Tuesday, July 25, 2017

‘Chinese communist invasion’...Says Senator in Australia.

Rogue senator Jacqui Lambie aims her missiles at China: She fears a ‘Chinese communist invasion’

ROGUE senator Jacqui Lambie has unleashed an astonishing attack on China, declaring Australia should have missiles ready to launch in a bid to stop our grandchildren becoming “slaves” to a ­“Chinese communist invasion”.
The aggressive slur on Australia’s biggest trading partner followed her PUP leader Clive Palmer’s racist rant in which he called the Chinese government “mongrels” who kill their own people.
The double-barrelled PUP blasts against China sent senior government ministers scurrying for the phones to reaffirm our $150 billion relationship with the Asian powerhouse.
Last night the Chinese Embassy labelled the pair’s words “absurd and irresponsible”.
“We believe that a sound China-Australian relationship serves the fundamental interests of both countries. It is and will always be supported by the two peoples,” an embassy statement said.
Senator Jacqui Lambie / Picture: Gary Ramage
Their comments are doubly chilling given Mr Palmer and Senator Lambie hold the balance of power in Australia.
Senator Lambie said Australia’s defence budget should be doubled to $60 billion.
“If anybody thinks we should have a national security and defence policy which ­ignores the threat of a Chinese communist invasion, you’re delusional and got rocks in your head,” Senator Lambie said.
“Both Labor and the Liberals-Nationals have failed to build an Australian military that is able to defend us and stop our grandchildren from becoming slaves to an aggressive, anti-democratic, totalitarian foreign power.”
Senator Lambie took to radio 2GB to reiterate her comments late yesterday, but added Australia had arm itself.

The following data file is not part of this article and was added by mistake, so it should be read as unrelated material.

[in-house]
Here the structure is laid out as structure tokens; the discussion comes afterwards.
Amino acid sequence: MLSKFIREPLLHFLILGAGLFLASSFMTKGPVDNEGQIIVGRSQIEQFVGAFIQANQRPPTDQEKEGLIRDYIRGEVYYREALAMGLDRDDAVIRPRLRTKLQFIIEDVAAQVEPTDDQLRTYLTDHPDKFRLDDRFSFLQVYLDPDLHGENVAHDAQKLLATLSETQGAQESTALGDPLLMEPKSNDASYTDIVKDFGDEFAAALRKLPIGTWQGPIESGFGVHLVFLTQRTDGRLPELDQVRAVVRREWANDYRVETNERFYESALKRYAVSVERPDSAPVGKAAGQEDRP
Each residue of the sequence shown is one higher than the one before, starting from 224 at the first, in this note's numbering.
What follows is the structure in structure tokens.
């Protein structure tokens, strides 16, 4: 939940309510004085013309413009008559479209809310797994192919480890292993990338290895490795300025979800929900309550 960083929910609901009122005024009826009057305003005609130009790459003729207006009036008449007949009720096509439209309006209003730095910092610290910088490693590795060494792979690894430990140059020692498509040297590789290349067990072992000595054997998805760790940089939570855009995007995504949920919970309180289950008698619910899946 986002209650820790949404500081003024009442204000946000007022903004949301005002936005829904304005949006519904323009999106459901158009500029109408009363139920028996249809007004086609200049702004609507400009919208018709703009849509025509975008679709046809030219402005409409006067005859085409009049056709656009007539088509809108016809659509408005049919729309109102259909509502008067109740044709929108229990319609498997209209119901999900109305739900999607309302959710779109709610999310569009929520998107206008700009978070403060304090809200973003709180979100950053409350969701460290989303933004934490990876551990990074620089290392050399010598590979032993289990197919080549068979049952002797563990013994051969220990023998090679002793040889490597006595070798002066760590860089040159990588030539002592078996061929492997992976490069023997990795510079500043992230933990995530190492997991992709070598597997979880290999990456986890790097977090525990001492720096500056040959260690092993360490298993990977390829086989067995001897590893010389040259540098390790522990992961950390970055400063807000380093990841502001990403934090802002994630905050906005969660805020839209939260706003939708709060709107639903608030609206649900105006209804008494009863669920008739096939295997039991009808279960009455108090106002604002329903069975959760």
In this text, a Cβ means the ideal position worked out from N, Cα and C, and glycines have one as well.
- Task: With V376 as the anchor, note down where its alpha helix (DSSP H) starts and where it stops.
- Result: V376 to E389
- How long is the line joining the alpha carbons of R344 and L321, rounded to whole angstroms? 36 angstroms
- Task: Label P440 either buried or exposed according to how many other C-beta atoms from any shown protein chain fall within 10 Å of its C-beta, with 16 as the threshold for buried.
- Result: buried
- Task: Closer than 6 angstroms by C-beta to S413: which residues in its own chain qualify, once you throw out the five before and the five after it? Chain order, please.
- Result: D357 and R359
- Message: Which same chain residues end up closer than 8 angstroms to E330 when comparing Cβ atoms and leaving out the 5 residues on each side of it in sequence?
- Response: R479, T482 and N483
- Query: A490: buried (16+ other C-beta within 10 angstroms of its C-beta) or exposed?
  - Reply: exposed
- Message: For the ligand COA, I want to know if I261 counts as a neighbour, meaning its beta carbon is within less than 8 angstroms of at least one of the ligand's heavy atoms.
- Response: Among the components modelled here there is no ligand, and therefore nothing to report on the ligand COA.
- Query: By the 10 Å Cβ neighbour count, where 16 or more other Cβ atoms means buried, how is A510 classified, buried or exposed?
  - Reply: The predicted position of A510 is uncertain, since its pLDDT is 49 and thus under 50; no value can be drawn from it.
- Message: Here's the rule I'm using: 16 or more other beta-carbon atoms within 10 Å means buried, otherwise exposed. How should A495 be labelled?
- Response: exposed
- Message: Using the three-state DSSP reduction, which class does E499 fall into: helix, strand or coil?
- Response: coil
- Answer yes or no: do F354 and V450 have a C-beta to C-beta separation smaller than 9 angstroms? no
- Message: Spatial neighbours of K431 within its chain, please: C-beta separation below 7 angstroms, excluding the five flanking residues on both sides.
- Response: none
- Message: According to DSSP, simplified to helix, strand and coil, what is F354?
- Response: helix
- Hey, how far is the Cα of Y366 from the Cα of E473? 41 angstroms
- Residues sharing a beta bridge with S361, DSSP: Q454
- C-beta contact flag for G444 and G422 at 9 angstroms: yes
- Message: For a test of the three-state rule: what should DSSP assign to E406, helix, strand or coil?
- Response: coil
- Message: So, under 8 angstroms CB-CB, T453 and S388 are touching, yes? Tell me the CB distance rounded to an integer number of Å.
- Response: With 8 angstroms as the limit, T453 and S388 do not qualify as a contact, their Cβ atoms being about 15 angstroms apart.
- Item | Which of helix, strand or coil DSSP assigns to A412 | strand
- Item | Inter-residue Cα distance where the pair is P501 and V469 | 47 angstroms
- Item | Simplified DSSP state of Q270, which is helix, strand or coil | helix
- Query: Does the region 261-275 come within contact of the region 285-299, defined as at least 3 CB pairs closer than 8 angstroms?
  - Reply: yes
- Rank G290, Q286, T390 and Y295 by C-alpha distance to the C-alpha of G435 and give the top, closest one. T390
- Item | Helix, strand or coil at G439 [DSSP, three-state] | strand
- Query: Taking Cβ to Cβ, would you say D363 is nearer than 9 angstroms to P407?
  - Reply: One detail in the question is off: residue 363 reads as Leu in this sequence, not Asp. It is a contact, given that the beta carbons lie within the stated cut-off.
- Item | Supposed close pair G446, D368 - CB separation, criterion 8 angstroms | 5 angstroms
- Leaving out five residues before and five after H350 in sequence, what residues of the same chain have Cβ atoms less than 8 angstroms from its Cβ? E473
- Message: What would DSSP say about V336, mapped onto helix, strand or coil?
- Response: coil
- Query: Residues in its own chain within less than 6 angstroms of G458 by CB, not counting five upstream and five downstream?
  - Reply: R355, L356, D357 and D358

“We need to look into missiles,’’ she said.
“We need to do whatever we can to arm ourselves. We need to double our troops ... and spend extra on firepower.’’
Clive Palmer on Q & A / Picture: ABC
Chinese-born PUP senator Dio Wang defended his leader, saying Mr Palmer was provoked into the outburst.
“From personal experience I have found Clive to be consistently respectful and supportive throughout our relationship in both the private sector and now in the political arena,” he said.
Foreign Minister Julie Bishop personally phoned the Chinese Ambassador to reaffirm that PUP’s statements did not reflect Australia’s views on China. She described the pair’s comments as “offensive, unnecessary and unacceptable for a member of parliament”.
Trade Minister Andrew Robb said Australia’s trade relations with China were critical. “We not only greatly value the contributions Australian Chinese are making to our community but we are also determined to deepen our trade, investment and people-to-people links with China.’’
Treasurer Joe Hockey told Mr Palmer not to bring Australia down with his business issues.
Opposition Leader Bill Shorten backed the government’s views. “Using that kind of language to describe one of Australia’s good friends is irresponsible,” he said.